Feel the Klout

Have you ever wondered about your Klout? If you want to quantify your influence on Twitter and/or Facebook then head over to their website. They will give you a score from zero to one hundred on the ability you have to impact and drive your followers to action. It then gets further broken down into True Reach, Amplification Network.

I checked out the results for my very new Twitter account @juliaaustine and expected to get a zero. But, a new feature of Klout.com is that you can link your Facebook as well. So, with my three year old Facebook account added in, I got bumped up to a whopping 5!  My other Twitter account, for my food blog, also and rated a 5, but that must be more heavily dependant on my Twitter activity, as I only use that Facebook account to interact with Twitter. So, I’m a solid 5. What does that mean? Well, I’m in the 10th percentile, so it means I’m just starting out. I already knew that, but it’s nice to know that I have a solid base to start from and that I can only go up from here.

If I want to increase my score I need to start by tweeting new and engaging content, reacting and interacting with my fellow Twits and gain followers who will be interested in my viewpoint and what I have to share with them.

I also checked in on @SweetTartelette, the Twitter handle of Helene Dujardin of the blog Tartelette, to see how she fared with her Twitter following of over seven thousand. She scored an impressive 47, which puts her in the 80th percentile (which means she has more Klout than 80% of the accounts on Twitter). Helene has been blogging since 2007 and generates gorgeously mouth-watering content of her culinary creations that she styles and photographs herself. She has over twelve THOUSAND tweets, compared to my ten, and is at the top of her game.

I am definitely influenced by her recipes, her styling and her photography. My food blog is not in the same style as hers, but I hope that one day she might click a link to my blog and be intrigued by what she sees or reads, and maybe, just maybe, she might tweet about me.

October 18, 2010 Update: My Klout has increased to 12, I moved up to the 20th percentile. I am on my way up the Social Media ladder!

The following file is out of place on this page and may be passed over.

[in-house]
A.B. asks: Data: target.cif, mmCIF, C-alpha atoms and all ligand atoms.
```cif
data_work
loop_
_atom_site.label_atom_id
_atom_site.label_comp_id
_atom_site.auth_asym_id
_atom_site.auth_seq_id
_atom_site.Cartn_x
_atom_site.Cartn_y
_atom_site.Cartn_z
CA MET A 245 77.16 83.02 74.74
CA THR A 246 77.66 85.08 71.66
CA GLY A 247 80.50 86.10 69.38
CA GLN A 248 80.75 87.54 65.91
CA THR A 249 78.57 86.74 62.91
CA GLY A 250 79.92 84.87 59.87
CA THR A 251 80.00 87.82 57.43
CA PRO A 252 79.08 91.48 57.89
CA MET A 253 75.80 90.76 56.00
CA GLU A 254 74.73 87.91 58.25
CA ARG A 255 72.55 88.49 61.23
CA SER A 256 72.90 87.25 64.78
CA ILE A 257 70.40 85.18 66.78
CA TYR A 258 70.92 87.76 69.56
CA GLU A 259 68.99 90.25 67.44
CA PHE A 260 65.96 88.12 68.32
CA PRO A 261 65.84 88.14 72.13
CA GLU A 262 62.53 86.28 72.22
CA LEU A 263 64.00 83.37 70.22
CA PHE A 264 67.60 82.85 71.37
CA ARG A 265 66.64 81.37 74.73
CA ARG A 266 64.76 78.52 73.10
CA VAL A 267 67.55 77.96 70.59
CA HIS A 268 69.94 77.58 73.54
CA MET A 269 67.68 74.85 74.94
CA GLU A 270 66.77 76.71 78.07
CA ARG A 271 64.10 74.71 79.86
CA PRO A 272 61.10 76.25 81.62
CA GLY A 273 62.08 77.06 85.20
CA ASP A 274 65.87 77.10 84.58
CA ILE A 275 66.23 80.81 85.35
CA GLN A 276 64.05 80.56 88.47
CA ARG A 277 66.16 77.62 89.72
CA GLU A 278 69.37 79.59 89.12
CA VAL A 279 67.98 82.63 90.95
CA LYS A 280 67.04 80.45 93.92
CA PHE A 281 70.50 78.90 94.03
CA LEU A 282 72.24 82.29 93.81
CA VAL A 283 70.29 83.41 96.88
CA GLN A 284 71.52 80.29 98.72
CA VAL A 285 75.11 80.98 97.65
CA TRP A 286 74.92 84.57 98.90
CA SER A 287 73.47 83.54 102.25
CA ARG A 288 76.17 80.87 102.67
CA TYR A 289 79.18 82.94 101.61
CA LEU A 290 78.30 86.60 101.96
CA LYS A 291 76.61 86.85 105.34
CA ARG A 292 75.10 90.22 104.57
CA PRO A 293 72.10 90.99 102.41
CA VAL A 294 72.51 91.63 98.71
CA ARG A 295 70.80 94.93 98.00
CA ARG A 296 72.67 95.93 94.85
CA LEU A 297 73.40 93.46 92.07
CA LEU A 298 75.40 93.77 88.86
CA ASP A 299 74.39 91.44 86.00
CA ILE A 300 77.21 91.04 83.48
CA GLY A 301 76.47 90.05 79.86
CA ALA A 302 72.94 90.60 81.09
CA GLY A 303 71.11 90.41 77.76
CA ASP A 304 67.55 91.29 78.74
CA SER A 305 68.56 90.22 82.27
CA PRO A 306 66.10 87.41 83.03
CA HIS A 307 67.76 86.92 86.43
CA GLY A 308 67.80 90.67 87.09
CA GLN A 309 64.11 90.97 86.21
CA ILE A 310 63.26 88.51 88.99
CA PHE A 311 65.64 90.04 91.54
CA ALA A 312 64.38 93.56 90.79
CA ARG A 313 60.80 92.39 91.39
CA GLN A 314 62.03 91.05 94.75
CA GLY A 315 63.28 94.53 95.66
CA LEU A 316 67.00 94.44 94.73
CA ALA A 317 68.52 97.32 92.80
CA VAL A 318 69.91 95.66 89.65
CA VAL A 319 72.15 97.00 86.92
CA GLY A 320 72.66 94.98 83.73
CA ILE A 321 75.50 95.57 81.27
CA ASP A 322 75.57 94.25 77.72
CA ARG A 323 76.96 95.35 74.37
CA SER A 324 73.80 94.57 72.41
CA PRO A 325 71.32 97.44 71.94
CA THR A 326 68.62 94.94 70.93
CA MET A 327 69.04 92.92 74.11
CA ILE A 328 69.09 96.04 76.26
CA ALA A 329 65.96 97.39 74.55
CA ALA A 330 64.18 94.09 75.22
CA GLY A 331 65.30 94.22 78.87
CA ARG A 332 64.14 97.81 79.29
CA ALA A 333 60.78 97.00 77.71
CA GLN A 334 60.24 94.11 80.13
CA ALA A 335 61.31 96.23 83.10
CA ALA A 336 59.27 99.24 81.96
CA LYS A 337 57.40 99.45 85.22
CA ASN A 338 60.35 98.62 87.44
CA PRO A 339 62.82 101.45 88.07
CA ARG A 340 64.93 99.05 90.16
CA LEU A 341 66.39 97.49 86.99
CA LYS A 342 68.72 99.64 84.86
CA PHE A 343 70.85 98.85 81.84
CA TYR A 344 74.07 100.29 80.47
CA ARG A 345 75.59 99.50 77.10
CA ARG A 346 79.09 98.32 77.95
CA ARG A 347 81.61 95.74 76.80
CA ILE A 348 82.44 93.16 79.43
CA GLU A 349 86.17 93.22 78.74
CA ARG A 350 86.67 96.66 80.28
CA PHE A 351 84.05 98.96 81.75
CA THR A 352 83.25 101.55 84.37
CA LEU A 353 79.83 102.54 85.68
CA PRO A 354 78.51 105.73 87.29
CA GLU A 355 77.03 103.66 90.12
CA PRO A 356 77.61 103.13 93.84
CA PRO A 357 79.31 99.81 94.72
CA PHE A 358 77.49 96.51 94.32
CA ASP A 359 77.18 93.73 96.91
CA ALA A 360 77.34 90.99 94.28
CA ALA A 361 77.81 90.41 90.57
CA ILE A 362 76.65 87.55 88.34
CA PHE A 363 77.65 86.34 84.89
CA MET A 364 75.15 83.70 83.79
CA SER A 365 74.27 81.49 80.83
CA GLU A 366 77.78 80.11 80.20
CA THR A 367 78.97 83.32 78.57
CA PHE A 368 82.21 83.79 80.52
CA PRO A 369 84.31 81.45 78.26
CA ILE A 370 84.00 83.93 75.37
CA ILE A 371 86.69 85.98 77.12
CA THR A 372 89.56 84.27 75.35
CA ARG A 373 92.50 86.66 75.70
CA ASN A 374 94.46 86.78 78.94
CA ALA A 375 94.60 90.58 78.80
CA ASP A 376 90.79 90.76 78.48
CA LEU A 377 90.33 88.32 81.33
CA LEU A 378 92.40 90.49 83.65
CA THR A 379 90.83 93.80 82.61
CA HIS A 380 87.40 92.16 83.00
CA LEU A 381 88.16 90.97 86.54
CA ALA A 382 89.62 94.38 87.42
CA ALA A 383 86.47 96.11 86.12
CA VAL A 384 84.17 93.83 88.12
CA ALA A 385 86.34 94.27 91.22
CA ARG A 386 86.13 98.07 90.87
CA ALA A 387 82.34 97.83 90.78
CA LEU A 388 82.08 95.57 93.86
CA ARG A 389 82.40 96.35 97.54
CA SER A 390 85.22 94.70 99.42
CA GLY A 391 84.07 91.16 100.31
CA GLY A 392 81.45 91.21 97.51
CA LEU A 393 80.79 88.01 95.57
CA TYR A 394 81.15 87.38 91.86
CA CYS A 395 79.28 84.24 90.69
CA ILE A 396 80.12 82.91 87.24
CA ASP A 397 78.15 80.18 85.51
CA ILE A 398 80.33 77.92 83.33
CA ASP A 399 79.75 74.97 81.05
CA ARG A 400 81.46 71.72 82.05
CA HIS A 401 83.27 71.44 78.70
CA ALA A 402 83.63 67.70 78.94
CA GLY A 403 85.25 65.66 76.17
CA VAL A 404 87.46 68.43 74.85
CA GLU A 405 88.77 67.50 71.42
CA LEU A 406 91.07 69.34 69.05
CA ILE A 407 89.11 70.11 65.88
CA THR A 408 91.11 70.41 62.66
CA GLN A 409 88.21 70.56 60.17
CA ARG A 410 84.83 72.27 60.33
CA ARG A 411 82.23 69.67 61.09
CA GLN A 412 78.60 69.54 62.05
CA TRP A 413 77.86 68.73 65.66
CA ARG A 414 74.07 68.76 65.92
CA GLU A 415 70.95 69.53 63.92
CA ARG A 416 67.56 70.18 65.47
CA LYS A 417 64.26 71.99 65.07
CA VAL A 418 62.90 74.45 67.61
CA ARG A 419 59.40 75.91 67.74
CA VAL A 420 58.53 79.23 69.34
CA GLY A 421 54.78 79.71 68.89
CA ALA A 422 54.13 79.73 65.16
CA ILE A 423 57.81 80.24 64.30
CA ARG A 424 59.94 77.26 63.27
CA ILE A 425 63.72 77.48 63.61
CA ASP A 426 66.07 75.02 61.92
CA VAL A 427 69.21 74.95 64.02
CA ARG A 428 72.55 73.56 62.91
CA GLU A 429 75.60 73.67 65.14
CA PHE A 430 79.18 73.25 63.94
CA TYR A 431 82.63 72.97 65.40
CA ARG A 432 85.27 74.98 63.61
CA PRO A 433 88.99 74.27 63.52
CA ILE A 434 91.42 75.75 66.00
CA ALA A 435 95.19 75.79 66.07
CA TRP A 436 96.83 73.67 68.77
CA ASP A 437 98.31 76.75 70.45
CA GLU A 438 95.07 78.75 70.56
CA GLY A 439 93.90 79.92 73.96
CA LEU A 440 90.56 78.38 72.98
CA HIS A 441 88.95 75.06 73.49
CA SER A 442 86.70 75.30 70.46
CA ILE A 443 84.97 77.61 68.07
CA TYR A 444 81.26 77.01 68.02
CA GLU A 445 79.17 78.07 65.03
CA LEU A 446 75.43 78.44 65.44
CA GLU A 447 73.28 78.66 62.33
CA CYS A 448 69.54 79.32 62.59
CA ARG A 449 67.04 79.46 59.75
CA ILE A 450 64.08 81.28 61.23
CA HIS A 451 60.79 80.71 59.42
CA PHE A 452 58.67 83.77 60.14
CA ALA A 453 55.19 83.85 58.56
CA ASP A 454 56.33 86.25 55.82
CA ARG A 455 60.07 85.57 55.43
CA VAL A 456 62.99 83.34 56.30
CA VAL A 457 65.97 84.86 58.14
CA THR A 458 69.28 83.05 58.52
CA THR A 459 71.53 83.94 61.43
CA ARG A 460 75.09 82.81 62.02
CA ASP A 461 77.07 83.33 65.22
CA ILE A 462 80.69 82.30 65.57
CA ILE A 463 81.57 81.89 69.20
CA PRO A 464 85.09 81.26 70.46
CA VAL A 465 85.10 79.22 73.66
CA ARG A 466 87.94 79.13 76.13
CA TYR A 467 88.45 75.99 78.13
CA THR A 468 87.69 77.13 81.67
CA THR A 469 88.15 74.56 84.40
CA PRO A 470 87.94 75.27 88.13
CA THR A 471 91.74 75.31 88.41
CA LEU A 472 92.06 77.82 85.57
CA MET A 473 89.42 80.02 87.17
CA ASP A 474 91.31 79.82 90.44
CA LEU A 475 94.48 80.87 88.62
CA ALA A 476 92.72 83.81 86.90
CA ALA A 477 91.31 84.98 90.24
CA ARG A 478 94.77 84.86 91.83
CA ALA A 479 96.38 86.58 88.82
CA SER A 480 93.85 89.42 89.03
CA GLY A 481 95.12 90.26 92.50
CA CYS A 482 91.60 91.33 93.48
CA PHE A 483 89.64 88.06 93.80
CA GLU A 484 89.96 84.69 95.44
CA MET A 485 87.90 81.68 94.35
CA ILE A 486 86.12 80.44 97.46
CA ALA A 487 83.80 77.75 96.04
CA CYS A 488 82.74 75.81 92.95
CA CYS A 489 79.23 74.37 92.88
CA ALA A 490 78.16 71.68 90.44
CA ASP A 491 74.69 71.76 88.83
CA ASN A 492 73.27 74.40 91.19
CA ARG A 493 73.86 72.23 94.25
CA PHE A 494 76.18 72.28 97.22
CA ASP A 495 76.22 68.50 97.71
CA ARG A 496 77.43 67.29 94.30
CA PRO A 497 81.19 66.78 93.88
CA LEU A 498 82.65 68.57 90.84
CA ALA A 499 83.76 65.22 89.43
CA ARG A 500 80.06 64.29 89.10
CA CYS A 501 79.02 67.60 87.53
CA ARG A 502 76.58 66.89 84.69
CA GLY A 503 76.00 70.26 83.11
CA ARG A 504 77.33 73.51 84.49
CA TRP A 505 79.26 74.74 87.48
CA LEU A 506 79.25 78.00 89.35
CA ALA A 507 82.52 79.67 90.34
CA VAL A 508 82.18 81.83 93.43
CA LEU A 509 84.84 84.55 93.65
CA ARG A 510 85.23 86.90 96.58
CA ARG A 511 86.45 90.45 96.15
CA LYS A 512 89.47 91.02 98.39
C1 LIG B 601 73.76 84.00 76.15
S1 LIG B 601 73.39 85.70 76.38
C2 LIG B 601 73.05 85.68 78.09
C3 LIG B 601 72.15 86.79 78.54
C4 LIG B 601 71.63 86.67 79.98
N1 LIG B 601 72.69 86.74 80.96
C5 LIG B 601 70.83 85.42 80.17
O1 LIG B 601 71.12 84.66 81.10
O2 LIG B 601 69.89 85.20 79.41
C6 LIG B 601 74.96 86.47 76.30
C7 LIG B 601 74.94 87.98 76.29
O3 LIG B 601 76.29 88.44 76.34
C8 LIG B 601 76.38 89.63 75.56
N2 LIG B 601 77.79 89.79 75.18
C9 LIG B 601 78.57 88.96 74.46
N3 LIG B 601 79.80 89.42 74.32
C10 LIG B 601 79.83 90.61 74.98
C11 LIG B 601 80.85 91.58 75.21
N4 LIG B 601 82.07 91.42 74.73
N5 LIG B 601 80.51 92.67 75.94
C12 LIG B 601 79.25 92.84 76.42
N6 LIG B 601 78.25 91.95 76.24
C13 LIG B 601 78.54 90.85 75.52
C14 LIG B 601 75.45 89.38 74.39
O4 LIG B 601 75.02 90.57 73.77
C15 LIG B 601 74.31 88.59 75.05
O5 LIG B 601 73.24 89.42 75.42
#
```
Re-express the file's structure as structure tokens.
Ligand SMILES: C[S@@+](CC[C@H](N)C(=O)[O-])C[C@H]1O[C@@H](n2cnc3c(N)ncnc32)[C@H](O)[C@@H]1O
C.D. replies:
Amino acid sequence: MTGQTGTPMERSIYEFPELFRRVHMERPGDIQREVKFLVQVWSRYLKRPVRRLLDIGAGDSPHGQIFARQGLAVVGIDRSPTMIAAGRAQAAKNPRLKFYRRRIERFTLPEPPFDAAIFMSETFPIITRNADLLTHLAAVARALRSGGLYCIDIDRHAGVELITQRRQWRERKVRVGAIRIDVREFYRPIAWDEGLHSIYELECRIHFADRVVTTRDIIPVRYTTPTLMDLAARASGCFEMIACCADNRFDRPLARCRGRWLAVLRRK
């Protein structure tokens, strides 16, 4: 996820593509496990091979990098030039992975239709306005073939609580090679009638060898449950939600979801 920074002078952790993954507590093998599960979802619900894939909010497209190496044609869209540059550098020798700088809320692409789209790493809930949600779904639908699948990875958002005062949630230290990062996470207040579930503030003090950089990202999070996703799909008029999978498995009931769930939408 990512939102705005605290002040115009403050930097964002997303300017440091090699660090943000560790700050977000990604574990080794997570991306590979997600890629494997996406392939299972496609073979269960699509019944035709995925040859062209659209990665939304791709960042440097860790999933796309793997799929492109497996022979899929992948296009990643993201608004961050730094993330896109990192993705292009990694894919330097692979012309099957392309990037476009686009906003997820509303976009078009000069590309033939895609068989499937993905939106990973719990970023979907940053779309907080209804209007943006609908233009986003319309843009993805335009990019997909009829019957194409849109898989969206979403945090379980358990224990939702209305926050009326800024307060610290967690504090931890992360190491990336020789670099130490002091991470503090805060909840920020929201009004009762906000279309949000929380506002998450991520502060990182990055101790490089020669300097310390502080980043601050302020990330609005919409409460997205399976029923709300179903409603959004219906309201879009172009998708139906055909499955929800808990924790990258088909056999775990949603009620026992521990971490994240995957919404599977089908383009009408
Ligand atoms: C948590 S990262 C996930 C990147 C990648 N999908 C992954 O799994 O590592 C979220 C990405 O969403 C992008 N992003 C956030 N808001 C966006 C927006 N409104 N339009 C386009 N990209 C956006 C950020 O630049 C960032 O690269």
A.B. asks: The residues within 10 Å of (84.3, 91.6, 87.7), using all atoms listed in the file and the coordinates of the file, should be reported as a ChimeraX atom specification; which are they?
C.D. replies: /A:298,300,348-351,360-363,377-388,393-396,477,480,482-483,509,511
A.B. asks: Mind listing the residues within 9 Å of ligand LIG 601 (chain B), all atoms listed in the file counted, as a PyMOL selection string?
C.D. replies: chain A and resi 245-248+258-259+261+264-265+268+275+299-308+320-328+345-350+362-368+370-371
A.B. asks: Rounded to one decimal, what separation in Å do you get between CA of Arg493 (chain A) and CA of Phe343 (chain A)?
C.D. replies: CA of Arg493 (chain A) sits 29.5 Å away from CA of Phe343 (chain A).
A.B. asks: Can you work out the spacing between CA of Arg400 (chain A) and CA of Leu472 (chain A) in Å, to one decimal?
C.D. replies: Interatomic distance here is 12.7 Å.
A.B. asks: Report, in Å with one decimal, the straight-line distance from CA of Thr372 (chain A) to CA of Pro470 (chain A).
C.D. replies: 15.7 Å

November 14, 2010 Update: I’ve climbed one more rung, so I’m now up to a 13 on Klout. Look out world.

February 17, 2012 Update: It took a while, but I’ve soared up to 40 on the Klout scale. Look out universe!

April 3, 2012 Update: I must be doing something right (according to Klout anyway), I’m up to 47.


Two Cents Worth

It used to be that a media platform was given only to a select few who had the credentials or connections to make it that far. With the birth and proliferation of the internet, anyone who can string two words together can have a blog that can be read (or ignored) around the world. Stories that made the papers or the airwaves were researched, fact-checked and approved before they reached the people. Now a Tweet can be heard around the world faster than you can find which remote turns on the TV.

While anyone (and their dog) can start a blog, it takes something more than just saying something to build a following, it’s about actually having something to say that people want to take the time to hear. It’s not about having the best photography equipment or top notch grammar, it’s communicating passion for a subject or presenting a unique perspective. Also important is the ability to create new content and keep the attention of today’s overstimulated masses.

If a blog somehow manages to gain, and keep, an audience it will only be a matter of time before big industry will try to co-opt its popularity by having the blogger mention, review or promote their product or service. Some bloggers are quite open about what they get for free or how they get compensated. Others refuse to accept anything for free or do paid endorsements. Many blogs host contests and give aways, some prizes are sponsored and others are purchased with ad revenue from the blog. Successful bloggers can also get book deals, sell t-shirts or accept “donations” to fund their blogging.